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Leadless pacemaker study assesses safety and efficacy

( LONDON, UK - A leadless cardiac pacemaker showed "good safety and reliable function" during the initial six months of follow-up in the LEADLESS II study, investigators reported during a Hot Line presentation at the ESC congress 2015. The findings, published simultaneously in the New England Journal of Medicine, suggest the device is effective and safe, and can serve as an alternative to conventional transvenous pacemakers in patients with indications for permanent pacing, said principal investigator Vivek Reddy, MD. "Leadless cardiac pacemakers have the potential to overcome many of the complications of conventional transvenous pacemakers," said Dr. Reddy, from Icahn School of Medicine at Mount Sinai in New York, NY, USA. "Transvenous leads are considered the Achilles' heel of conventional pacemakers because they are particularly susceptible to complications." LEADLESS II was a prospective, non-randomized, pre-marketing study that included 526 patients (mean age 75.8 years) from 56 sites in 3 countries. All patients had indications for permanent, single-chamber, ventricular pacing and were implanted non-surgically with an active fixation, rate-adaptive pacemaker using a steerable delivery catheter. The primary effectiveness endpoint was clinically acceptable pacing capture thresholds (? 2.0 V at 0.4 ms) and sensing (R-wave ? 5.0 mV or ? implant value) at six months, and the primary safety endpoint was freedom from serious adverse device effects (SADEs) over the same time frame. Among 300 subjects in the intention-to-treat primary analysis, the primary effectiveness and safety endpoints were met in 90.0% and 93.3% respectively, and effectiveness was met in 93.4% of successfully implanted patients. There was a 6.7% rate of SADEs over 6 months, including cardiac perforation (1.3%), device dislodgement with successful percutaneous retrieval (1.7%), and capture threshold elevation requiring percutaneous retrieval and placement of a new leadless pacemaker (1.3%). There were no device-related infections or chronic electrical failure. Among the five device dislodgements observed, device embolisation to the lung occurred in three subjects and migration to the right femoral vein in two subjects. A sub-analysis looking at complications and operator experience suggests the SADE rate "would be expected to improve with increased operator experience," noted Dr. Reddy. "With the exception of one operator, none of the other operators in this trial had any prior clinical experience with implantation of the device." When cases were stratified according to the first 10 devices implanted versus subsequent implants by the same operator, the procedural SADE, device dislodgement, and cardiac perforation rates changed from 6.8% to 3.6% (P=0.6), 1.3% to 0.0% (P=0.9), and 1.5% to 1.8% (P=0.6), respectively. "These multicenter data represent the largest population of patients to receive a leadless pacemaker system and as such provide unique insight into their efficacy and safety," concluded Dr. Reddy. "When interpreted in the context of limited prior experience of the majority of operators with this new technology, these results provide support for the applicability of this technology in routine clinical practice."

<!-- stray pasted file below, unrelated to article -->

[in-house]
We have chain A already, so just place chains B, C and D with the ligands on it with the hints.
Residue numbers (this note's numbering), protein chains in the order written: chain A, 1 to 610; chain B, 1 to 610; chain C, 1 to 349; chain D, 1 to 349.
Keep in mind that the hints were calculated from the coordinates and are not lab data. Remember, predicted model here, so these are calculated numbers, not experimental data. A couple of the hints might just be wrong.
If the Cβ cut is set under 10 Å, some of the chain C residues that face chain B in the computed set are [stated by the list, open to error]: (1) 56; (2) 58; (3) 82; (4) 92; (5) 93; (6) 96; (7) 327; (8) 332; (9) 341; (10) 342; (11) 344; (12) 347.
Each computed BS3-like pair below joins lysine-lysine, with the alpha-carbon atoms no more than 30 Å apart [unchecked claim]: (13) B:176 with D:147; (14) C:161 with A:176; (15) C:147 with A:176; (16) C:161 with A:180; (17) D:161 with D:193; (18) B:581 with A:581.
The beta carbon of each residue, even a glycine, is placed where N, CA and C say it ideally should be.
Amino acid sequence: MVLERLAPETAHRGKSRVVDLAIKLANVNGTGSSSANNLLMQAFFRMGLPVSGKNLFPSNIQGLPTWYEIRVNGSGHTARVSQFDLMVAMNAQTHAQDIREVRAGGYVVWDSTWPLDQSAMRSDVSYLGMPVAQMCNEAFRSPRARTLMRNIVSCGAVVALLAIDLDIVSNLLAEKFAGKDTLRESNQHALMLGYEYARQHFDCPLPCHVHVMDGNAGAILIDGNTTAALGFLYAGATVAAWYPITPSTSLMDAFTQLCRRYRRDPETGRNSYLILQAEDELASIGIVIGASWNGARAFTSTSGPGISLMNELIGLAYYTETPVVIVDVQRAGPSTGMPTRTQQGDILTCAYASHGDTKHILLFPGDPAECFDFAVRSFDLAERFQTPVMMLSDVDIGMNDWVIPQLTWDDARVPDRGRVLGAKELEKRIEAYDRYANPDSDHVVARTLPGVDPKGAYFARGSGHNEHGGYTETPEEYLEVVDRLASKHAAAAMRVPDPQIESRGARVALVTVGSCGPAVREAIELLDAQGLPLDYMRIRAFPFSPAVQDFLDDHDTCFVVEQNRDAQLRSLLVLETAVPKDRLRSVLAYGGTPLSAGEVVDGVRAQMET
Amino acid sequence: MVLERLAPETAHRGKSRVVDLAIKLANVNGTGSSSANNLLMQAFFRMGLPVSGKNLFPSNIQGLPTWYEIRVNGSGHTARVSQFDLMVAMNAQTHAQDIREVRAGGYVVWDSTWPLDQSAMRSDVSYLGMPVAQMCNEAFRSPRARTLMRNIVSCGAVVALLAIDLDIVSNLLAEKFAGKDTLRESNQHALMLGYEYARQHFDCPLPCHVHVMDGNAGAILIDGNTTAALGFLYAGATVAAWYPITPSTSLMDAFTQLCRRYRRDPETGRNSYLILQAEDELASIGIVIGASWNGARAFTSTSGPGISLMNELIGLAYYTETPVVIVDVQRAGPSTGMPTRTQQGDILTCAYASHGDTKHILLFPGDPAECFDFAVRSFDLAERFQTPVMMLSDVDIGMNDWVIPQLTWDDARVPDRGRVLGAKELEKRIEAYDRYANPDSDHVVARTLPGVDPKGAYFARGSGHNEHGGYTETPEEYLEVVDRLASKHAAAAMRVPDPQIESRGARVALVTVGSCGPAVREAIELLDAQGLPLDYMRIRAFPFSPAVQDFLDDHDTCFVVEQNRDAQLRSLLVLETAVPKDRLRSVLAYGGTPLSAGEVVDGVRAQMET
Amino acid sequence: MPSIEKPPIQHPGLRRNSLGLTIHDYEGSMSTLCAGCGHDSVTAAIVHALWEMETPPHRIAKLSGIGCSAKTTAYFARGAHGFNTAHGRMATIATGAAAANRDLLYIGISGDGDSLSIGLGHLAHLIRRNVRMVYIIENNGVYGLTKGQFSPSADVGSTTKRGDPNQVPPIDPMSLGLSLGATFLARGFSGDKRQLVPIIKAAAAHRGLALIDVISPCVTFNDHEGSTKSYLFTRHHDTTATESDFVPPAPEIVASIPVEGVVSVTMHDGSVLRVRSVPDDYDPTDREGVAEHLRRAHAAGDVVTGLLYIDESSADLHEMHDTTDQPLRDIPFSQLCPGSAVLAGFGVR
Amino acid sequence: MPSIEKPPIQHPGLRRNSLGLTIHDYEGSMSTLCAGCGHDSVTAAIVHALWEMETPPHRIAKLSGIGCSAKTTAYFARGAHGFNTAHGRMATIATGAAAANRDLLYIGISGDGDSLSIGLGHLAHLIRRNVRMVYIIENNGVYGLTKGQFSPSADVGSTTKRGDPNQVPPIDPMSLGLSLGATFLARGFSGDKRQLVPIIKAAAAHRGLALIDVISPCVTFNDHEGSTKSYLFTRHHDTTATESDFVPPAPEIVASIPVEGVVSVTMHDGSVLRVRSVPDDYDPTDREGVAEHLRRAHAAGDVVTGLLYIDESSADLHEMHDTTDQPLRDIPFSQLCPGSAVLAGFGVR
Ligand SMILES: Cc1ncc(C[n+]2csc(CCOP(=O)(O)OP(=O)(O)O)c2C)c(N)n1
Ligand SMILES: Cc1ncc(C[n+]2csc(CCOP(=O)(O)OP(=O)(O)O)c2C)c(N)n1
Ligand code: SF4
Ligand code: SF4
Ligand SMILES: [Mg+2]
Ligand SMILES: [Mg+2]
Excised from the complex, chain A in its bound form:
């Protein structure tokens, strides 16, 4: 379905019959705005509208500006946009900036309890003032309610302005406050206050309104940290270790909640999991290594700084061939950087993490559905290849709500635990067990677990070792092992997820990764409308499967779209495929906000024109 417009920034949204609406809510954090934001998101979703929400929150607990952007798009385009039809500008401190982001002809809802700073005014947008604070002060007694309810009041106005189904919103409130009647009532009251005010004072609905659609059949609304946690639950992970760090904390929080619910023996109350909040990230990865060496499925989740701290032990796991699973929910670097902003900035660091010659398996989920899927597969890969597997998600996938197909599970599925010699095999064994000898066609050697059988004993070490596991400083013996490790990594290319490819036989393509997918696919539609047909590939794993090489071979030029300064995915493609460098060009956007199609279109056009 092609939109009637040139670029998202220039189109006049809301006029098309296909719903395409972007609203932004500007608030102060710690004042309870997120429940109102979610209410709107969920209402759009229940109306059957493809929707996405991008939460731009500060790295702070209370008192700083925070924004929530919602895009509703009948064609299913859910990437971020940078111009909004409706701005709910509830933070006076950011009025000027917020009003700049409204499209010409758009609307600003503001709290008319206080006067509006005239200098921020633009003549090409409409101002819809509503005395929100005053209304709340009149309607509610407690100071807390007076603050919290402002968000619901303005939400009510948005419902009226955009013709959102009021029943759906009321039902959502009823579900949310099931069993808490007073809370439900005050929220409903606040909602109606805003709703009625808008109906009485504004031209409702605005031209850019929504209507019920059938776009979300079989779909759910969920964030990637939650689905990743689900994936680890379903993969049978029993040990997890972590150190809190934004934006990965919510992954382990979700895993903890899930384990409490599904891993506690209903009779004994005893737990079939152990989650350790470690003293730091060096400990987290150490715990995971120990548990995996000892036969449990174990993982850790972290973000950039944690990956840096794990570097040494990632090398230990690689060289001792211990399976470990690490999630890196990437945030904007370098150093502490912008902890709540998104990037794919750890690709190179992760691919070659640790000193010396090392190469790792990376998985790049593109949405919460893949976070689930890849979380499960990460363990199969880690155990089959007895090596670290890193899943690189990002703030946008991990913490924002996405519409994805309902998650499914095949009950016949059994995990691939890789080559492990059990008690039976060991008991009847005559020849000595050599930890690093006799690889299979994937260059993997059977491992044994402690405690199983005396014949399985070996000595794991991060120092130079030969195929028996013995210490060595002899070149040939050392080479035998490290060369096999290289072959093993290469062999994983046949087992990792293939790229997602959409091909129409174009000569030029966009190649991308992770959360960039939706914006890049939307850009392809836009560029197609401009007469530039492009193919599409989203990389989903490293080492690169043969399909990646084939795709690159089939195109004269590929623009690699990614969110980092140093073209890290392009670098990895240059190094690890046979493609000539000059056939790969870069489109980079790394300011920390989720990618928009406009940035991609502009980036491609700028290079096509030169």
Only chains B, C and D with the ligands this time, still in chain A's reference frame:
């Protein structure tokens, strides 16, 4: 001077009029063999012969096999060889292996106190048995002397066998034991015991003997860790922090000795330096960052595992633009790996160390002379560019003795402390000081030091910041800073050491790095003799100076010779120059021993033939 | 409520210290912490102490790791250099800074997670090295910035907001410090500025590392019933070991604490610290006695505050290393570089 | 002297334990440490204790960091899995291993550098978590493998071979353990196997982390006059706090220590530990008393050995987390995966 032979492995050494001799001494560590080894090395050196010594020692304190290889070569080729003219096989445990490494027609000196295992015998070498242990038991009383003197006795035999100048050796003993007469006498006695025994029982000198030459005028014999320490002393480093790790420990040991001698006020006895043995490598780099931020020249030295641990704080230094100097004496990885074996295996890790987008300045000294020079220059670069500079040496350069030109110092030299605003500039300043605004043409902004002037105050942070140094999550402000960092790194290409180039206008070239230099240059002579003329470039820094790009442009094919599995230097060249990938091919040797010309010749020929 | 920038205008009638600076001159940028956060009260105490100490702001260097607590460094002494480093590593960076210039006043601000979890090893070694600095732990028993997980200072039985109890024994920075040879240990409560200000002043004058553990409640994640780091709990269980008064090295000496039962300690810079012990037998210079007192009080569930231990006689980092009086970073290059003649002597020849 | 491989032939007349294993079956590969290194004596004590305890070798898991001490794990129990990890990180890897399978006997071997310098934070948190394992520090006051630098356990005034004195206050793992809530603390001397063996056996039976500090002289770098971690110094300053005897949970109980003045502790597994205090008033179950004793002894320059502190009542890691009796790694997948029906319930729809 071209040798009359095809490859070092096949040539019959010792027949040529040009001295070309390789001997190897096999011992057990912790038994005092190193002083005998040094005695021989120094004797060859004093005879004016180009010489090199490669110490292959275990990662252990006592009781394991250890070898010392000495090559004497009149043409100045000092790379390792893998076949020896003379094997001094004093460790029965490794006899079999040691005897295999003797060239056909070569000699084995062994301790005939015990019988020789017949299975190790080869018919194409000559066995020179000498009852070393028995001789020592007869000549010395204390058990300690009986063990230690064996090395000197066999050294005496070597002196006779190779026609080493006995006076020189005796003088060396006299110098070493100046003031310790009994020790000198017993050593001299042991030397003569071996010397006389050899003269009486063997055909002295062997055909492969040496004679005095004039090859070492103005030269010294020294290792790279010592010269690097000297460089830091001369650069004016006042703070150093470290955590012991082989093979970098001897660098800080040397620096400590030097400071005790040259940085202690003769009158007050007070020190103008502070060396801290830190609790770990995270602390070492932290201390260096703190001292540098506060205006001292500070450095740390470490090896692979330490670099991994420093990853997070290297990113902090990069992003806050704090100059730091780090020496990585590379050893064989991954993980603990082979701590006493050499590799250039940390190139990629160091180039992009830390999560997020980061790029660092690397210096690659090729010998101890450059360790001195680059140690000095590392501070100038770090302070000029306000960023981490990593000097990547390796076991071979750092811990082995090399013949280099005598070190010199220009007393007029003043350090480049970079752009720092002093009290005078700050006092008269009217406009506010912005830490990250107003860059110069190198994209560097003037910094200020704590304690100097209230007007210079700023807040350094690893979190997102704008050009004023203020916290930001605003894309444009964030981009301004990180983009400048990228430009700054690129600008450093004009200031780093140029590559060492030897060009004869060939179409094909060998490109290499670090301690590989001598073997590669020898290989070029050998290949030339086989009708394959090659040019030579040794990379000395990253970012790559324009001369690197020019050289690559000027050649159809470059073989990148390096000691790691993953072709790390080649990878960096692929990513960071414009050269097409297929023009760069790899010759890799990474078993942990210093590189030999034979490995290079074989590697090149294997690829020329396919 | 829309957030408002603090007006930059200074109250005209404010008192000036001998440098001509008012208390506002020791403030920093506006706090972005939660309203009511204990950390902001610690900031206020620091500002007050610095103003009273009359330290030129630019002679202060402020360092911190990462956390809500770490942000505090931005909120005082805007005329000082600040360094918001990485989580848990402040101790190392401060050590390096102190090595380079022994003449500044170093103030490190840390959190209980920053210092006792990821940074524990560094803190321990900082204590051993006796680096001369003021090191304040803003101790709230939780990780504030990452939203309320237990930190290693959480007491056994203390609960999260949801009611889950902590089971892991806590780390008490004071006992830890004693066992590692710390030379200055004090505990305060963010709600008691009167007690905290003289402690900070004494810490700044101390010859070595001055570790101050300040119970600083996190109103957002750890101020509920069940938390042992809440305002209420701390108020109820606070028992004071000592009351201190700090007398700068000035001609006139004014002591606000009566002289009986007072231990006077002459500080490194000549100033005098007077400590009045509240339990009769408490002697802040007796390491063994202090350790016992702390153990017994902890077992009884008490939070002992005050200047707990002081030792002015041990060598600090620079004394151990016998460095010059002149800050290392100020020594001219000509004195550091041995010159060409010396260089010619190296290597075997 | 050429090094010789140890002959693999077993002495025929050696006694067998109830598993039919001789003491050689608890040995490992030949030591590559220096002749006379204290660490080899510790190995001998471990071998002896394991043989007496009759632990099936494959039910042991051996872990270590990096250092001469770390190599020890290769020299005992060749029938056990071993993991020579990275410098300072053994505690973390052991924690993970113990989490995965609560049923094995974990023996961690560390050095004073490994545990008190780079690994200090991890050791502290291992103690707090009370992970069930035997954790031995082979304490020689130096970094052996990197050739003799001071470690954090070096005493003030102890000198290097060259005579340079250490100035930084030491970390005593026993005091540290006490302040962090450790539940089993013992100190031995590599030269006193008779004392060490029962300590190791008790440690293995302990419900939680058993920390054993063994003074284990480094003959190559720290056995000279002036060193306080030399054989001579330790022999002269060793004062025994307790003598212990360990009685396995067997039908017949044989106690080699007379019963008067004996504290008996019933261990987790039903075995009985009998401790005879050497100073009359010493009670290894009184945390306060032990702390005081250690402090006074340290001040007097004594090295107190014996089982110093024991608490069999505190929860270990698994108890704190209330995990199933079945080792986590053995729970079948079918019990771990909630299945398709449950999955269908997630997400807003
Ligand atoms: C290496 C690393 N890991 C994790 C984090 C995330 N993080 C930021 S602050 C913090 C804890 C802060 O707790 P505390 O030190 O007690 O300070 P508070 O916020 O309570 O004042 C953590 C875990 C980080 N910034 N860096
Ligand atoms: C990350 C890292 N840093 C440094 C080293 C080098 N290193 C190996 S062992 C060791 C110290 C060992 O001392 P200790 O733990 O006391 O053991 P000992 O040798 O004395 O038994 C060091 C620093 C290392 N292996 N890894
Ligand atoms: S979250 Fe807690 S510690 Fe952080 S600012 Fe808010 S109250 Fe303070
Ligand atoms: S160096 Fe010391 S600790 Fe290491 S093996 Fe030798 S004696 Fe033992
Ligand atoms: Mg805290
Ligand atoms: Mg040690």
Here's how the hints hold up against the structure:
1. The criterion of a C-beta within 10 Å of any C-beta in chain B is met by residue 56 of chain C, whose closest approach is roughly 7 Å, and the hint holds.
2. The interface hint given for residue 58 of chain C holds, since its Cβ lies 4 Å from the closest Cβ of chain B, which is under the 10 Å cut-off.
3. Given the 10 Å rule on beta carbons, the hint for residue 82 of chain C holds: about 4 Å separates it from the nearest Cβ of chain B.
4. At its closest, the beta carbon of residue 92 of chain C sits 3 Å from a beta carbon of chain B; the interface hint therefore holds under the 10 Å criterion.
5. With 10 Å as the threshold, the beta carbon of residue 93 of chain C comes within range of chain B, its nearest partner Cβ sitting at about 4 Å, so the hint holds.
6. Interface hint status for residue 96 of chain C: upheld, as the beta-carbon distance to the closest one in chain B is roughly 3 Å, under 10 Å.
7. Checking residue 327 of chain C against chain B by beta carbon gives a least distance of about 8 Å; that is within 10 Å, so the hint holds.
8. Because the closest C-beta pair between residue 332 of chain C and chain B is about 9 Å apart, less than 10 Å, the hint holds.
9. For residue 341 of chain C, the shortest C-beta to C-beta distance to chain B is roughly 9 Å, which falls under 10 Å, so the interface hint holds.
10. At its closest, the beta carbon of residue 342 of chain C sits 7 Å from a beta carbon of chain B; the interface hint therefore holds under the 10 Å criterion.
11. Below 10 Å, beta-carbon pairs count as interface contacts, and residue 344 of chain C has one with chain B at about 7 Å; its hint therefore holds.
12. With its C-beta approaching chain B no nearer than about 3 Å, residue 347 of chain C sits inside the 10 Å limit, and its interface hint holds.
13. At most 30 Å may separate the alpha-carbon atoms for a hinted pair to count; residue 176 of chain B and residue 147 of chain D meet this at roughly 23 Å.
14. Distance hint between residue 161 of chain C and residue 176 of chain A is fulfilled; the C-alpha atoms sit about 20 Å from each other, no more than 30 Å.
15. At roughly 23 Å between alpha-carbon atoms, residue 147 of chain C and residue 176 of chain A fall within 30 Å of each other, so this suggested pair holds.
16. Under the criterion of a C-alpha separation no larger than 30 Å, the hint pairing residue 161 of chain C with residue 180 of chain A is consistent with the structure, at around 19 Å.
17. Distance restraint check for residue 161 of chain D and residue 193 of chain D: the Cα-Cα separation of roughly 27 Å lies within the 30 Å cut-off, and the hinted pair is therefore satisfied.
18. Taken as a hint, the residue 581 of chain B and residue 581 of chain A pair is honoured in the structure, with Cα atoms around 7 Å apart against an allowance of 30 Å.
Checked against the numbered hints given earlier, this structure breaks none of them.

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LONDON, UK - In patients with atrial fibrillation (AF) treated with radiofrequency catheter ablation, the addition of antiarrhythmic drugs (AADs) for 90 days after the procedure did not reduce arrhythmia recurrence rates at one year, according to results of the Efficacy of Antiarrhythmic Drugs Short-Term Use after Catheter Ablation for Atrial Fibrillation (EAST-AF) trial. Results of the study, presented as a Hot Line at ESC Congress 2015 The study did show a temporary benefit of AAD, but the effect disappeared as soon as medication was stopped, suggesting no benefit to ...

Multiple risk factors cancel impact of atrial fibrillation on ischemic stroke risk

London, UK - 30 Aug 2015: The impact of atrial fibrillation on ischaemic stroke risk in elderly patients is eliminated with multiple risk factors, according to an 11 year study in more than 425 000 patients presented at ESC Congress today.1 The findings suggest that stroke prevention in the elderly may need to focus on the concomitant effects of multiple risk factors rather than on a specific risk factor such as atrial fibrillation (AF). "The incidence of ischaemic stroke increases with greater numbers of cardiovascular risk factors," said principal investigator Dr Yutao ...

Rapid, more sensitive test speeds up chest pain triage